By: Matt Churchill; jpost.com
Many of these sites may go unnoticed in daily life, as one becomes used to seeing them or is not aware of their existence.
As Israel nears the 50th anniversary of the Six Day War and the celebrates the 69th year since the nation’s momentous rebirth, tourists and locals in the capital have a wealth of sites to see that commemorate events from 1948 and 1967. Many of these sites may go unnoticed in daily life, as one becomes used to seeing them or is not aware of their existence. Here is a partial list of some places to visit.
Notre Dame of Jerusalem Center
3 Hatzanhanim Road, Jerusalem
Built between 1885 and 1904, this massive Catholic compound was among the largest buildings in the region at the time. In 1948 it held the strategic high ground next to the Old City. It became a site of fierce fighting between the Jordanian Legion and the nascent Israeli army on May 20 of that year when an armored column attempted to penetrate west Jerusalem from Sheikh Jarrah. The building’s stout walls were badly damaged in the fighting.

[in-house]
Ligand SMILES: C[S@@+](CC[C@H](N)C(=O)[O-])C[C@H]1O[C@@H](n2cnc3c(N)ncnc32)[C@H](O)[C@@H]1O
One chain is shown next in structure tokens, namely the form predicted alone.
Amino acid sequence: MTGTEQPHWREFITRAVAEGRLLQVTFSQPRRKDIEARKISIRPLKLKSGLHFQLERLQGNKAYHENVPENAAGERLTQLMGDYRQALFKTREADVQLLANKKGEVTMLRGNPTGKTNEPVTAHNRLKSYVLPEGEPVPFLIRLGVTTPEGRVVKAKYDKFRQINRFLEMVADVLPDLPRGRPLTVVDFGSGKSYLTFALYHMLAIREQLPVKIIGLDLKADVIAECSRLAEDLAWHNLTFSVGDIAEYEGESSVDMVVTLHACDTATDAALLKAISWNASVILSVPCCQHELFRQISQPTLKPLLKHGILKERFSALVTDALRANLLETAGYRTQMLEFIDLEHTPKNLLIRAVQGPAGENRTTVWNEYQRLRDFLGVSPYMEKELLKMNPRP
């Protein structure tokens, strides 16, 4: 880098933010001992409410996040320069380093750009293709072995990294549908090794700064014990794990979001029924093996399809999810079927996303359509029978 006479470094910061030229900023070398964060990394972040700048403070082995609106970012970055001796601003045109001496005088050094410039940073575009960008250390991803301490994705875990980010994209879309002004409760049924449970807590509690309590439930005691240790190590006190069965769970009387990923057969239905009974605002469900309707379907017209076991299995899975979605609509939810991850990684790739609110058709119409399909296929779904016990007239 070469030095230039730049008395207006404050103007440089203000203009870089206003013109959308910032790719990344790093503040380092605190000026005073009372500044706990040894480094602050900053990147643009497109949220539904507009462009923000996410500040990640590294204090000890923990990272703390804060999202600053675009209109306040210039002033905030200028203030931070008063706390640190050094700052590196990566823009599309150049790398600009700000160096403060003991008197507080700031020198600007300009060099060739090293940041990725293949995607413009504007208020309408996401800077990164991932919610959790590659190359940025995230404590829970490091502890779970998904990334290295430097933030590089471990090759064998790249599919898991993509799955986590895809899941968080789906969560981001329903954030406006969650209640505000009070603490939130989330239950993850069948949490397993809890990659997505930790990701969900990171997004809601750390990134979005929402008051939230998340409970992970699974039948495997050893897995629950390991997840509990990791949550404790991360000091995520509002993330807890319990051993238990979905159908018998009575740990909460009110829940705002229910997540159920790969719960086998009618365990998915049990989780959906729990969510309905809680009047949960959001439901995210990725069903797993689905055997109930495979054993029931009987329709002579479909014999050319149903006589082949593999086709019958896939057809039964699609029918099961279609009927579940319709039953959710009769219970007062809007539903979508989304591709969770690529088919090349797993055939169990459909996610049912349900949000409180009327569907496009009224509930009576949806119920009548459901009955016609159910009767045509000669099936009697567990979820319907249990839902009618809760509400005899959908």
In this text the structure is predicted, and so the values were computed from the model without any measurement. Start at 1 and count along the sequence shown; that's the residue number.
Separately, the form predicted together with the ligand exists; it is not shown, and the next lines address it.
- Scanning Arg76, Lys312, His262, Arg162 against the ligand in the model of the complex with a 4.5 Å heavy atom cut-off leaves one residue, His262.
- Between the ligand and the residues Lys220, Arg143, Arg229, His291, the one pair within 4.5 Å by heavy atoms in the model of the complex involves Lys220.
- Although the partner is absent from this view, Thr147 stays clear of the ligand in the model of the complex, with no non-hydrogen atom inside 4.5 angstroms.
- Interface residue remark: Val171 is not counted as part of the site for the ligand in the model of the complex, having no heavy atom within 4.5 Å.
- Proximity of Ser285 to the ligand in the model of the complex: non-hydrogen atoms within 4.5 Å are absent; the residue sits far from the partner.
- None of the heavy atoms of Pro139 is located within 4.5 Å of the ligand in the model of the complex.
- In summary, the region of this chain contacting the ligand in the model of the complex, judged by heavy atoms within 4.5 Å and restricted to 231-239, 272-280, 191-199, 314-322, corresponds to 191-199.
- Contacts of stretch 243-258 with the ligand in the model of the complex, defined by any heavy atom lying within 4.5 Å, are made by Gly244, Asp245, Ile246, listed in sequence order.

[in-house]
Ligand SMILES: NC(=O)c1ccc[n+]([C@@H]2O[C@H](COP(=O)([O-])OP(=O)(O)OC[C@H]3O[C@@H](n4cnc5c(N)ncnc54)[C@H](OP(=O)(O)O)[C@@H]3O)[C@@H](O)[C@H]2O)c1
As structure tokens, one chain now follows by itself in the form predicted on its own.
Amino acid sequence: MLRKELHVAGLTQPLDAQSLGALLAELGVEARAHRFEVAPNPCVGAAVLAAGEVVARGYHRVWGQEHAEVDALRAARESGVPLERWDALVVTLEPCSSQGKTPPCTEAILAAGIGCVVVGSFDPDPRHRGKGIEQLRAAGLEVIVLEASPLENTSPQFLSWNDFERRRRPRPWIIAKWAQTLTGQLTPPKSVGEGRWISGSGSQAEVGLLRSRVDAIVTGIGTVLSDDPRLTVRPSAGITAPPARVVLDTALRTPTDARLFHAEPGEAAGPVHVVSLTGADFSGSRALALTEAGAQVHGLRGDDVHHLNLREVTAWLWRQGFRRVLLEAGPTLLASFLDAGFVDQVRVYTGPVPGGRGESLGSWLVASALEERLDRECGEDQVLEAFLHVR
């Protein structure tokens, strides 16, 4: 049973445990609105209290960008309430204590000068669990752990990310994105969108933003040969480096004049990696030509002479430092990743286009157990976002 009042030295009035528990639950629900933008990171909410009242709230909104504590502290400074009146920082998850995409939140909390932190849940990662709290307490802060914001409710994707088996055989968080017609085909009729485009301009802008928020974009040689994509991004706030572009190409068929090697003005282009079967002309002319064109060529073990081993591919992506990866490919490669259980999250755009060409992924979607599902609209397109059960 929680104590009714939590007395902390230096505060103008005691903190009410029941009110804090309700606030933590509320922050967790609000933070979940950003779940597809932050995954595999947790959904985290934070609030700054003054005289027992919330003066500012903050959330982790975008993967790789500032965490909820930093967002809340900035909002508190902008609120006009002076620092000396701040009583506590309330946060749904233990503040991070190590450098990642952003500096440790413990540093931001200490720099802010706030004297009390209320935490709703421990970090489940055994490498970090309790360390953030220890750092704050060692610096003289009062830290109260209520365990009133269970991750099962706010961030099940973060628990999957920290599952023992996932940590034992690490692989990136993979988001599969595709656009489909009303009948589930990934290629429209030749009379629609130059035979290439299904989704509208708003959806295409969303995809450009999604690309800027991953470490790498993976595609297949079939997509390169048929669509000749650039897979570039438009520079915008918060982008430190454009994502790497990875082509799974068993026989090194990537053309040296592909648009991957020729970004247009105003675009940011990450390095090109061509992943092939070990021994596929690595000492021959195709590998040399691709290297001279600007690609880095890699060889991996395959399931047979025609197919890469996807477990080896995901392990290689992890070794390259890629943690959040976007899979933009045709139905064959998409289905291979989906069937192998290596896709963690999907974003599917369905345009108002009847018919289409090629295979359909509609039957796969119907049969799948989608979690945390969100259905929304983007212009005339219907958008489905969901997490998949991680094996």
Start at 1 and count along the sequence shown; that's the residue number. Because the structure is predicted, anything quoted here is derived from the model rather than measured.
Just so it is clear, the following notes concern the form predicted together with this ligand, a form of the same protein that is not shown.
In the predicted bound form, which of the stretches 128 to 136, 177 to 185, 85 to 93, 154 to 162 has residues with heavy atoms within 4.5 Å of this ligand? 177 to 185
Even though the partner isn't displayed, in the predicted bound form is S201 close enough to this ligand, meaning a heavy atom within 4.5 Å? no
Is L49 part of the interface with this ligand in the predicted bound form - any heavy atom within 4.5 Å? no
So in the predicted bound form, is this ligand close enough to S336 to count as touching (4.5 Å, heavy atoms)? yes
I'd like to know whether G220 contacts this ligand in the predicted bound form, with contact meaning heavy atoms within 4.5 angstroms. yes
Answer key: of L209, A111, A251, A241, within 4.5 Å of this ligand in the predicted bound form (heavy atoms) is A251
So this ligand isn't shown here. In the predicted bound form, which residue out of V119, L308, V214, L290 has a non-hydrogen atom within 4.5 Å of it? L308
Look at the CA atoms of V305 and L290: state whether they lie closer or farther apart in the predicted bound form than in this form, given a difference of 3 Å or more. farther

Castel National Park
Keren Kayemet Street, Maoz Zion
Located opposite Mevaseret Zion on Route 1, Castel has been a strategic hill since antiquity. The Crusaders build a fort on it called Castellum Belveer, from which it received its current name. There was an Arab village near the site called al-Kastel.
After the UN Partition Plan was passed in November 1947, Arab forces laid siege to Jerusalem. To open the road, the Palmah launched Operation Nahshon on April 1, 1948. They initially found the village empty, but were then attacked by large numbers of Arabs led by Abd al-Kader al-Husseini, a relative of the mufti. His forces briefly took Castel, but he was killed and the next day the Palmah found the hill empty again. The park is open from 8 a.m. to 5 p.m. Follow signs for Castel after exiting Route 1.
Bab el-Wad/Sha’ar Hagai and Latrun
Latrun and Route 1